Updated: July 7, 2021 7:08:03 am
Amid the slide in ties with China over the military standoff along the Line of Actual Control in Ladakh, Prime Minister Narendra Modi said Tuesday that he had spoken to the Dalai Lama and wished him on his 86th birthday.
“Spoke on phone to His Holiness the @DalaiLama to convey greetings on his 86th birthday. We wish him a long and healthy life,” Modi said in a Twitter post.
This is the first time Modi has publicly announced that he has spoken to the Tibetan spiritual leader on the latter’s birthday. In September 2015, he had thanked the Dalai Lama for the latter’s birthday wishes to him.
The phone call to the Tibetan spiritual leader and its public announcement have diplomatic significance given that Beijing calls the Dalai Lama a “splittist”.
Others who greeted the Dalai Lama included Chief Ministers Pema Khandu (Arunachal Pradesh), Prem Singh Tamang (Sikkim) — frontier states that share a boundary with China — Arvind Kejriwal (Delhi), Shivraj Singh Chouhan (Madhya Pradesh), Amarinder Singh (Punjab), Pramod Sawant (Goa), Conrad Sangma (Meghalaya).
While Foreign Secretary Harsh Vardhan Shringla and Union Minister Hardeep Singh Puri retweeted the Prime Minister’s post, Union Ministers Nitin Gadkari and Dharmendra Pradhan put out messages greeting the Tibetan spiritual leader. So did the new US chargé d’affaires Atul Keshap.
Indian governments, over the years, have been very careful and calibrated in their engagement with the Dalai Lama, keeping in mind the sensitivities of the Chinese government.
Move at time of low point in ties
The PM’s public articulation of his call to the Dalai Lama comes when ties between India and China are at their lowest, with the LAC standoff continuing. Delhi’s move signals that if its sensitivities are not respected, it will not hesitate to subtly up the rhetoric.
New Delhi has maintained that the two sides should be mindful of “mutual sensitivities, interests and concerns”.
The fact that the Chinese have not bothered about Indian “sensitivities” on the India-China border, or the China-Pakistan Economic Corridor or the status of Jammu and Kashmir, has led New Delhi to recalibrate its position, sources said Tuesday.
Lobsang Sangay, who was the Sikyong (President) of the Central Tibetan Administration (Tibetan-government-in-exile) from September 2012 to May 2021, told The Indian Express: “Today’s birthday wishes to His Holiness the Dalai Lama clearly shows the Government of India’s solidarity with His Holiness the Dalai Lama. Since His Holiness is everything for all Tibetans, if anybody shows high regards towards him, it is good for us.”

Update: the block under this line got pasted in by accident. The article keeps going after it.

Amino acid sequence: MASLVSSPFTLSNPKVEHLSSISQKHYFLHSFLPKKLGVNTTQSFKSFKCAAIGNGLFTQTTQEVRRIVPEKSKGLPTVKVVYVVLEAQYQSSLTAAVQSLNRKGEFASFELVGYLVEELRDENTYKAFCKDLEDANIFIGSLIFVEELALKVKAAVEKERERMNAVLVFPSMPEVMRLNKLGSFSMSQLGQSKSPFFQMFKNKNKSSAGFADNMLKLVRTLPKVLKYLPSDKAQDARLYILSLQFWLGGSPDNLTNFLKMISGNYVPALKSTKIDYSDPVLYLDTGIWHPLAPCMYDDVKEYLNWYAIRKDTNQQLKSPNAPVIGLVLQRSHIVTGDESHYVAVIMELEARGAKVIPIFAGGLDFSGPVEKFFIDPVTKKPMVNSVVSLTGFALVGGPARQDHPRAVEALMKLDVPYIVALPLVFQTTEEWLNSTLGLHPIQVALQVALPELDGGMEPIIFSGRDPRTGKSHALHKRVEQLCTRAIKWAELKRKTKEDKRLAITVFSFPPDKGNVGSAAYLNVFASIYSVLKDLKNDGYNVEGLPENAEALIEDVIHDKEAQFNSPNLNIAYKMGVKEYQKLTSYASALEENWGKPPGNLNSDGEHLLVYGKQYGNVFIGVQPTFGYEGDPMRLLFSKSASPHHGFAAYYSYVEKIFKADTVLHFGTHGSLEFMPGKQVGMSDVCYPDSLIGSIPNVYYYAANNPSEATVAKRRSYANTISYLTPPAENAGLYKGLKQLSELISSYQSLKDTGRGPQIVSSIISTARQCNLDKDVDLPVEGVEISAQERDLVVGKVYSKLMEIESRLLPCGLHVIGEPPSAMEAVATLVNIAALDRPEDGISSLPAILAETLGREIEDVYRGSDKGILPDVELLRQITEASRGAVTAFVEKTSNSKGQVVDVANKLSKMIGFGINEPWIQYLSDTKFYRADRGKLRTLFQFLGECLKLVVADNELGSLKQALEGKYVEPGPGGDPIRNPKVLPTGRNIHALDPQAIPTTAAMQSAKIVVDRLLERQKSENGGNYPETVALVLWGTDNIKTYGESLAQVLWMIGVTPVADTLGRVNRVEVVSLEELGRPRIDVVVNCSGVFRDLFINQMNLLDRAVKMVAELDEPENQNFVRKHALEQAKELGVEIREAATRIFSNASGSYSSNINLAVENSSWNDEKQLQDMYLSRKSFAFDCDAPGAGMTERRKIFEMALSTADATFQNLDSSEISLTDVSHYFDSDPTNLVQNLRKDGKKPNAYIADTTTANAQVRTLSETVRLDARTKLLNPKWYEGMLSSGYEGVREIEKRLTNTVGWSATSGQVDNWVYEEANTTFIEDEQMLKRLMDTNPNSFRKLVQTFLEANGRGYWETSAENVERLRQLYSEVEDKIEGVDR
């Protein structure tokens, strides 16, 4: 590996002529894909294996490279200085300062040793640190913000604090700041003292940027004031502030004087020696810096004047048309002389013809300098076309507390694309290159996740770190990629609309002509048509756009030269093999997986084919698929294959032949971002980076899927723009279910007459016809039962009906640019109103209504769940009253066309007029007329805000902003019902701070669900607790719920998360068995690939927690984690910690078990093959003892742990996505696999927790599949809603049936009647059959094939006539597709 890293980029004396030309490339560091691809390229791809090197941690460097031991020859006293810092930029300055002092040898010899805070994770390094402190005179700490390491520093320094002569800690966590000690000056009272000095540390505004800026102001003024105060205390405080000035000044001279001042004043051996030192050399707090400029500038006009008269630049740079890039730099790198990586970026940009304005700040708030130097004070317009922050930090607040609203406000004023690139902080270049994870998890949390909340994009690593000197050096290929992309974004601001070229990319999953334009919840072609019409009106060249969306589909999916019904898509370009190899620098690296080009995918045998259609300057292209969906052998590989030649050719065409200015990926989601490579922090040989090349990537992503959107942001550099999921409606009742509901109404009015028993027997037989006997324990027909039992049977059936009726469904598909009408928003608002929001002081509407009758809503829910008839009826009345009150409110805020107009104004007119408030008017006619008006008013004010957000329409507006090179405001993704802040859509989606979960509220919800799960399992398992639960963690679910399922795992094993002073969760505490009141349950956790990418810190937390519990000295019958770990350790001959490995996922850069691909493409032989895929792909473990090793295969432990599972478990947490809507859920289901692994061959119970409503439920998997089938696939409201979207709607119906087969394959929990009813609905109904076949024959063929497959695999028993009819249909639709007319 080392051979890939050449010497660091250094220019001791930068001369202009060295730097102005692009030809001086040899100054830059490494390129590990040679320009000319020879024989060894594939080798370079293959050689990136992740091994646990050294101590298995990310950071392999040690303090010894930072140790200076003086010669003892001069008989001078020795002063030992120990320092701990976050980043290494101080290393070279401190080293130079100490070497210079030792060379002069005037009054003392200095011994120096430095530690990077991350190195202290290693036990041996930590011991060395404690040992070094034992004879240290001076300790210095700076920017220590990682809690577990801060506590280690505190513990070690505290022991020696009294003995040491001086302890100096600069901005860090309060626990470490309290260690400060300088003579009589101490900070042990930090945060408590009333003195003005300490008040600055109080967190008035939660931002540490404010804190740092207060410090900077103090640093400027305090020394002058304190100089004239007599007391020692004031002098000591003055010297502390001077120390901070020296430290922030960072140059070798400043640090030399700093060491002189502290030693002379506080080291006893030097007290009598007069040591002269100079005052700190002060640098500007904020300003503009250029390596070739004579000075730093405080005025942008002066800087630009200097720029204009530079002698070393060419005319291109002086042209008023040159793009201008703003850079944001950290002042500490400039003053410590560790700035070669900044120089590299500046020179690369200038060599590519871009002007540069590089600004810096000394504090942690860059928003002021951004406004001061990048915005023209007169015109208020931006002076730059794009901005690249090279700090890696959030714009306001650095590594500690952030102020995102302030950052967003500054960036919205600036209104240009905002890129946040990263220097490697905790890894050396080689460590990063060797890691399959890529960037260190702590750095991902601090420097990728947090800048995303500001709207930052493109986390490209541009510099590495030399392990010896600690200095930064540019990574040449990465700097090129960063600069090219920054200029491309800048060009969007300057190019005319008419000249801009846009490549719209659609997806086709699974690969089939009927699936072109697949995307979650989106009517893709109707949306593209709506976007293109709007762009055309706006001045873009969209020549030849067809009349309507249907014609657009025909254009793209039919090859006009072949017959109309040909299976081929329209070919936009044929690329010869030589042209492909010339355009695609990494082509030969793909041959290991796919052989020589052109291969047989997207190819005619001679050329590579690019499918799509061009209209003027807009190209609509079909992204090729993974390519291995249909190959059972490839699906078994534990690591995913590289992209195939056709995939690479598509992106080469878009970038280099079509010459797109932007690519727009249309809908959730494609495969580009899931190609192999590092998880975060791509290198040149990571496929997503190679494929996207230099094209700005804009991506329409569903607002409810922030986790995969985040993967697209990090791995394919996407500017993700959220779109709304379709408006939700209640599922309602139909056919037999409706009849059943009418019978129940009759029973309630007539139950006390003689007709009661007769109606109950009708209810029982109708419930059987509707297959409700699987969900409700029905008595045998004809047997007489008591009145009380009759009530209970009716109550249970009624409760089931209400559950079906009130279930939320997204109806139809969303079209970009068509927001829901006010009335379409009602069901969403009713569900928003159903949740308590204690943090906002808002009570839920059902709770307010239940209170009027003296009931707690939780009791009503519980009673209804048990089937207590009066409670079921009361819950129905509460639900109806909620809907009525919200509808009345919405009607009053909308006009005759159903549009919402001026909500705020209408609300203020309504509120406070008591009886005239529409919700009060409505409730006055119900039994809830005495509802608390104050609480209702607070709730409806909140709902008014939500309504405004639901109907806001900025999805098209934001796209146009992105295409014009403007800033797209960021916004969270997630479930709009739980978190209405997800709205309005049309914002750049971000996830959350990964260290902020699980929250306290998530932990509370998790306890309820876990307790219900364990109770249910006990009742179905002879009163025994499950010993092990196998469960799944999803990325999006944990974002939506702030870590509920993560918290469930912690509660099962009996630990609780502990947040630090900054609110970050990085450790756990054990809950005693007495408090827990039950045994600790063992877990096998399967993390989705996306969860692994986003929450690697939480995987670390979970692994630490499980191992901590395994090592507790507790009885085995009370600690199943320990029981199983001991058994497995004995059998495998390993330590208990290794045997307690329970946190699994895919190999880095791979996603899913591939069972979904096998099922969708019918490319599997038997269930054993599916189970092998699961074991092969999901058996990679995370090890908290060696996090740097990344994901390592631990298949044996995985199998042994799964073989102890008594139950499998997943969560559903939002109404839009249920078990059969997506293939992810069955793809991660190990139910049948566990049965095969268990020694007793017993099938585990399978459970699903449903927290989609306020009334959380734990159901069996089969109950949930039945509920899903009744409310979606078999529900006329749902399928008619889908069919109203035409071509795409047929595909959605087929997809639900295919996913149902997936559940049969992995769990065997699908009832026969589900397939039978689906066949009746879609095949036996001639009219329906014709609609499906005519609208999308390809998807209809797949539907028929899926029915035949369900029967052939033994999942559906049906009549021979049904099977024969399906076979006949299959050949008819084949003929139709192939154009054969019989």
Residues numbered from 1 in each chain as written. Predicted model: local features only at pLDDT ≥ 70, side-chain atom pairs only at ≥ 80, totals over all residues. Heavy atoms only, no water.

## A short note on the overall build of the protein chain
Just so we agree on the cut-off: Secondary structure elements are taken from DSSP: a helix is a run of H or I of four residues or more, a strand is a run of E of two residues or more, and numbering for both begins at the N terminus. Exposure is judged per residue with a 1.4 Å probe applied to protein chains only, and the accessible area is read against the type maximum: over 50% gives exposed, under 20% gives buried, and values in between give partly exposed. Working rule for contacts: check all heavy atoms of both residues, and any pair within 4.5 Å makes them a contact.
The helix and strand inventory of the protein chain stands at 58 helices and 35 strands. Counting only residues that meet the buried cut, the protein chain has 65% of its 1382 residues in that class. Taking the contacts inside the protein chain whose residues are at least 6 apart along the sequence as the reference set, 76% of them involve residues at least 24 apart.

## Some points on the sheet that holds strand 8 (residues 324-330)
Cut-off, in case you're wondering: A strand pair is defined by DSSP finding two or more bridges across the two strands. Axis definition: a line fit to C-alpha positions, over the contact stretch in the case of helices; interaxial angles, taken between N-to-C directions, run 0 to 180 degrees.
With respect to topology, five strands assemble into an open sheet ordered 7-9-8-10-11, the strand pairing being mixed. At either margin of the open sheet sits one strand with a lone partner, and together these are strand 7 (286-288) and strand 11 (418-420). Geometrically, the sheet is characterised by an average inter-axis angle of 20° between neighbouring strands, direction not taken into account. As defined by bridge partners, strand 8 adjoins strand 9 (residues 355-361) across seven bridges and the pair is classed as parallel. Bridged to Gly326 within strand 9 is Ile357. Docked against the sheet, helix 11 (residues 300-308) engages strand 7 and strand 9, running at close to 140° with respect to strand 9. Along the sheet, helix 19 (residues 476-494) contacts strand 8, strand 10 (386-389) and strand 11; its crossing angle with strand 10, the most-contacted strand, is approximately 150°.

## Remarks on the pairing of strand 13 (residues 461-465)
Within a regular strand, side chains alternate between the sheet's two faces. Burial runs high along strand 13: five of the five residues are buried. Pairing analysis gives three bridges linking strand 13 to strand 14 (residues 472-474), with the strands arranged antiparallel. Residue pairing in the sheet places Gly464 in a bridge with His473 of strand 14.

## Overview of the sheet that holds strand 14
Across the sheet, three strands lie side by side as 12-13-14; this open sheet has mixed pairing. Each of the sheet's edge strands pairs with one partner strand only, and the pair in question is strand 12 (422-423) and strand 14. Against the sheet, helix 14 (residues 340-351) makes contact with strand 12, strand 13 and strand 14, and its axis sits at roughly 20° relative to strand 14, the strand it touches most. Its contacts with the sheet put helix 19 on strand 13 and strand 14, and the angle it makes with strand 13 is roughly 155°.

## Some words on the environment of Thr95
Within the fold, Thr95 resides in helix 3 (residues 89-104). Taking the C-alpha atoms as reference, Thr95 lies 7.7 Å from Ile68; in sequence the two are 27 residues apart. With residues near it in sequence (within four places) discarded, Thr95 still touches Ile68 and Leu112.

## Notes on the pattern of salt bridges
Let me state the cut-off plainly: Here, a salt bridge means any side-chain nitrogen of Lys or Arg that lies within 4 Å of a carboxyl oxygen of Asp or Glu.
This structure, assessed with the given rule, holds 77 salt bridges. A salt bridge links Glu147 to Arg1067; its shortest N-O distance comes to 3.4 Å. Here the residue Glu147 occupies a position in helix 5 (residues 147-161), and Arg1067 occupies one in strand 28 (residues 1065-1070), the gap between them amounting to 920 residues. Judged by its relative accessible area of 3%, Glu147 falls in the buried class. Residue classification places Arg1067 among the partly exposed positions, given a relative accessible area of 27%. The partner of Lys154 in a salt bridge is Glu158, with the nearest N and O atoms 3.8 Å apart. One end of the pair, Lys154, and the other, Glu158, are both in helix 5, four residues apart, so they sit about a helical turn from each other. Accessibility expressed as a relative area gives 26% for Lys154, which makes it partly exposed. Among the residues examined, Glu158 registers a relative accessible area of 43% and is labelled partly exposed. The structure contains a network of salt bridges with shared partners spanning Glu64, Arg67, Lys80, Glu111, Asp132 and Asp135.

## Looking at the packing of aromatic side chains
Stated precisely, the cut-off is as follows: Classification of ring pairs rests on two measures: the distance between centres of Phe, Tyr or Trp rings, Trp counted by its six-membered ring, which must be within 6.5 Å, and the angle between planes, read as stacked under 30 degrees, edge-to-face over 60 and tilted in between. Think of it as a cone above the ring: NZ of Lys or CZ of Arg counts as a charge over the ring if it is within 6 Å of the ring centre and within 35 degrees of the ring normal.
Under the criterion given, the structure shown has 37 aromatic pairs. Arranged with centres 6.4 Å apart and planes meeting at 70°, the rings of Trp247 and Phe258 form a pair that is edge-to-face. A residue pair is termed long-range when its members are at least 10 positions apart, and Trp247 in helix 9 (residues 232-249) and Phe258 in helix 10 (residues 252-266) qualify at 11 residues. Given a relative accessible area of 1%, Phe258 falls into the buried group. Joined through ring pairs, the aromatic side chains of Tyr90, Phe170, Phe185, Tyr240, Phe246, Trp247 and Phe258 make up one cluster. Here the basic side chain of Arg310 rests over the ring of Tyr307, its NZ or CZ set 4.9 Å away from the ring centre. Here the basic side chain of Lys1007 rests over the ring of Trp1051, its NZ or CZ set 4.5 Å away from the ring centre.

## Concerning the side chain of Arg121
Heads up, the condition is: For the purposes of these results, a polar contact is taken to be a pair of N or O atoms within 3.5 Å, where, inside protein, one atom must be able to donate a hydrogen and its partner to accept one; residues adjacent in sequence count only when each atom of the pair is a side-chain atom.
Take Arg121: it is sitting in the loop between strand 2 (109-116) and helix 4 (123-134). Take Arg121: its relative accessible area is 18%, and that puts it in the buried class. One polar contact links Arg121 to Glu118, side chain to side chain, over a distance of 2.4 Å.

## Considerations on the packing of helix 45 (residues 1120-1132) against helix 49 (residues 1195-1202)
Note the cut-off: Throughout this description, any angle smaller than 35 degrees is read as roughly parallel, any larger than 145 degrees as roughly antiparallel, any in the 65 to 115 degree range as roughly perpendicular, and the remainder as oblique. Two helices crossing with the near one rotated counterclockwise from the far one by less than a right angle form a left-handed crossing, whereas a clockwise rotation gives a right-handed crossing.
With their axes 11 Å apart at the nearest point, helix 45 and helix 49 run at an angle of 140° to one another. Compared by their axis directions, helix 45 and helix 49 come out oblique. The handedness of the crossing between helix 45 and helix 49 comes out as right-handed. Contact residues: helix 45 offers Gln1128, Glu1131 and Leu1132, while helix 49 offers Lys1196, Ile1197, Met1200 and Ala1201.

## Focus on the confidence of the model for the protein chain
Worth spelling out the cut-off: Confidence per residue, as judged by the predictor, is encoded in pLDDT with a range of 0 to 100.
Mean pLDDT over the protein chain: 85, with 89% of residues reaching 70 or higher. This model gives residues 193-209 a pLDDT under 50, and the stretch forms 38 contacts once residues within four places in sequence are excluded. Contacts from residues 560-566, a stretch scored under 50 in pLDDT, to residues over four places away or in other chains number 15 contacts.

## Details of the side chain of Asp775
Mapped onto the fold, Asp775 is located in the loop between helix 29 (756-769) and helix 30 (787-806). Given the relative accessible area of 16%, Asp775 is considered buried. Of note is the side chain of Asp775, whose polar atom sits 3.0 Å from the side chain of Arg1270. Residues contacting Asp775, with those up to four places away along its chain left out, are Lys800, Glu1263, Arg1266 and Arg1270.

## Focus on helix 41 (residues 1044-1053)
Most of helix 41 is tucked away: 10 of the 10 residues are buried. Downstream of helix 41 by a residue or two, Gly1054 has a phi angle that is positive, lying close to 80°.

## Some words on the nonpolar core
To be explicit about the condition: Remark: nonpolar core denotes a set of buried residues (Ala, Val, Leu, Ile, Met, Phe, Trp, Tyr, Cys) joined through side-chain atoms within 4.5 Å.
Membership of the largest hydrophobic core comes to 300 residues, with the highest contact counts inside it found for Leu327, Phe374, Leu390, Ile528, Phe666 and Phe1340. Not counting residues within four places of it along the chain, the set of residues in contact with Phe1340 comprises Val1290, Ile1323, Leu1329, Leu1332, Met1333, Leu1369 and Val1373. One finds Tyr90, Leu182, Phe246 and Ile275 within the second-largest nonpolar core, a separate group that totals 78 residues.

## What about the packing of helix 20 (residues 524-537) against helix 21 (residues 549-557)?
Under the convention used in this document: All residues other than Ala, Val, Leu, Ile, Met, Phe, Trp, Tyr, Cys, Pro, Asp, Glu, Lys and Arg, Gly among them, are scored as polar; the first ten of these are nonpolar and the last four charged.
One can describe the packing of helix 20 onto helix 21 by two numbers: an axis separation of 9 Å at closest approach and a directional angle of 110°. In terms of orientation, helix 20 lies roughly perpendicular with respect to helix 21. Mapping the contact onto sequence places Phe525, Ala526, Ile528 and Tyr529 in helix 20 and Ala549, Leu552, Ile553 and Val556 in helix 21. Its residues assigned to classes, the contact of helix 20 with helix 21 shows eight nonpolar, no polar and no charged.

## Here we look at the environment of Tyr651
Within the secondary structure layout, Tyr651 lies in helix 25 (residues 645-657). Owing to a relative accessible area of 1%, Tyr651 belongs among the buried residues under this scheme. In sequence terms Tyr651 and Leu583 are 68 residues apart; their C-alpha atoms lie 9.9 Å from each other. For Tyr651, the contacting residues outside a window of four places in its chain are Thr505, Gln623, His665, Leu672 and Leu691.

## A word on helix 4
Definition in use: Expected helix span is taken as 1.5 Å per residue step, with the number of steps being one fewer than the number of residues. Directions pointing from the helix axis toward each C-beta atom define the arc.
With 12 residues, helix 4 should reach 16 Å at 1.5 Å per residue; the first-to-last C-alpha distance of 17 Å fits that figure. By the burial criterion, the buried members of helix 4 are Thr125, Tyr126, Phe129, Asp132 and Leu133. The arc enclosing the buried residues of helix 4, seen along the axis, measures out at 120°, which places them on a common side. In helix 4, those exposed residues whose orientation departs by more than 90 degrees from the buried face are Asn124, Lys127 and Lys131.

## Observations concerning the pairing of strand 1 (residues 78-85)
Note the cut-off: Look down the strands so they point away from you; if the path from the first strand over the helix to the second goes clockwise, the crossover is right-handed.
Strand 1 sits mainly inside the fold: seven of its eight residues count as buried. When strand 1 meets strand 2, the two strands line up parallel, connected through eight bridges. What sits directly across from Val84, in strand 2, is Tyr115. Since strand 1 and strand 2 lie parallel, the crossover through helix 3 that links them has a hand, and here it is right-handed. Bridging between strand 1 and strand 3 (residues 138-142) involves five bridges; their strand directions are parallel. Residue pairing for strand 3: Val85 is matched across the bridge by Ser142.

“India has always been good to us. But to do it so publicly, as today, where not only the Prime Minister, his Cabinet colleagues and so many Chief Ministers, from Arunachal Pradesh, Sikkim, Delhi and several other places, very genuinely wishing His Holiness and publicly, it is indeed a very positive indication,” he said.
“His Holiness the Dalai Lama has always called himself as the son of India. And now to be wished by all the top leaders of the Government of India, it is a very positive sign,” he said.
Asked if this was a snub to China, Sangay said: “I do not want to politicise the birthday wishes. But yes, it is really good to have so many top leaders wishing His Holiness publicly.”
Karma Yeshi, former Finance Minister of the Tibetan-government-in-exile, said: “I don’t think that PM has ever personally called the Dalai Lama and wished him on his birthday. But this time it is happening; So, that is good. According to my personal view, it could be a message to China that India is no longer shying away.”
In the past, India has sent out mixed signals. When Prime Minister Narendra Modi came to power in 2014, he had invited Sangay to his oath-taking ceremony.
Thereafter, he had a “brief meeting” with the Dalai Lama, sources said, in the first year of his term itself. This meeting was confirmed by the Dalai Lama as well.
The Dalai Lama was invited to Rashtrapati Bhavan in December 2016 where then President Pranab Mukherjee had met him and other Nobel laureates at an event dedicated to the welfare of children.
In April 2017, the government allowed him to travel to Tawang, the birthplace of the sixth Dalai Lama.
Following the border standoff with Chinese troops in Doklam in 2017, the government became very careful about engaging with the Dalai Lama.
In March 2018, in an unusual departure from its stand on the Tibetans-in-exile, the government, underlining that this is a “very sensitive time” for bilateral relations with China, sent out a note asking “senior leaders” and “government functionaries” of the Centre and states to stay away from events planned for March-end and early April by the “Tibetan leadership in India” to mark the start of 60 years in exile of the Dalai Lama. Soon after, Modi held the first informal leaders’ summit with Chinese President Xi Jinping in Wuhan in April 2018.
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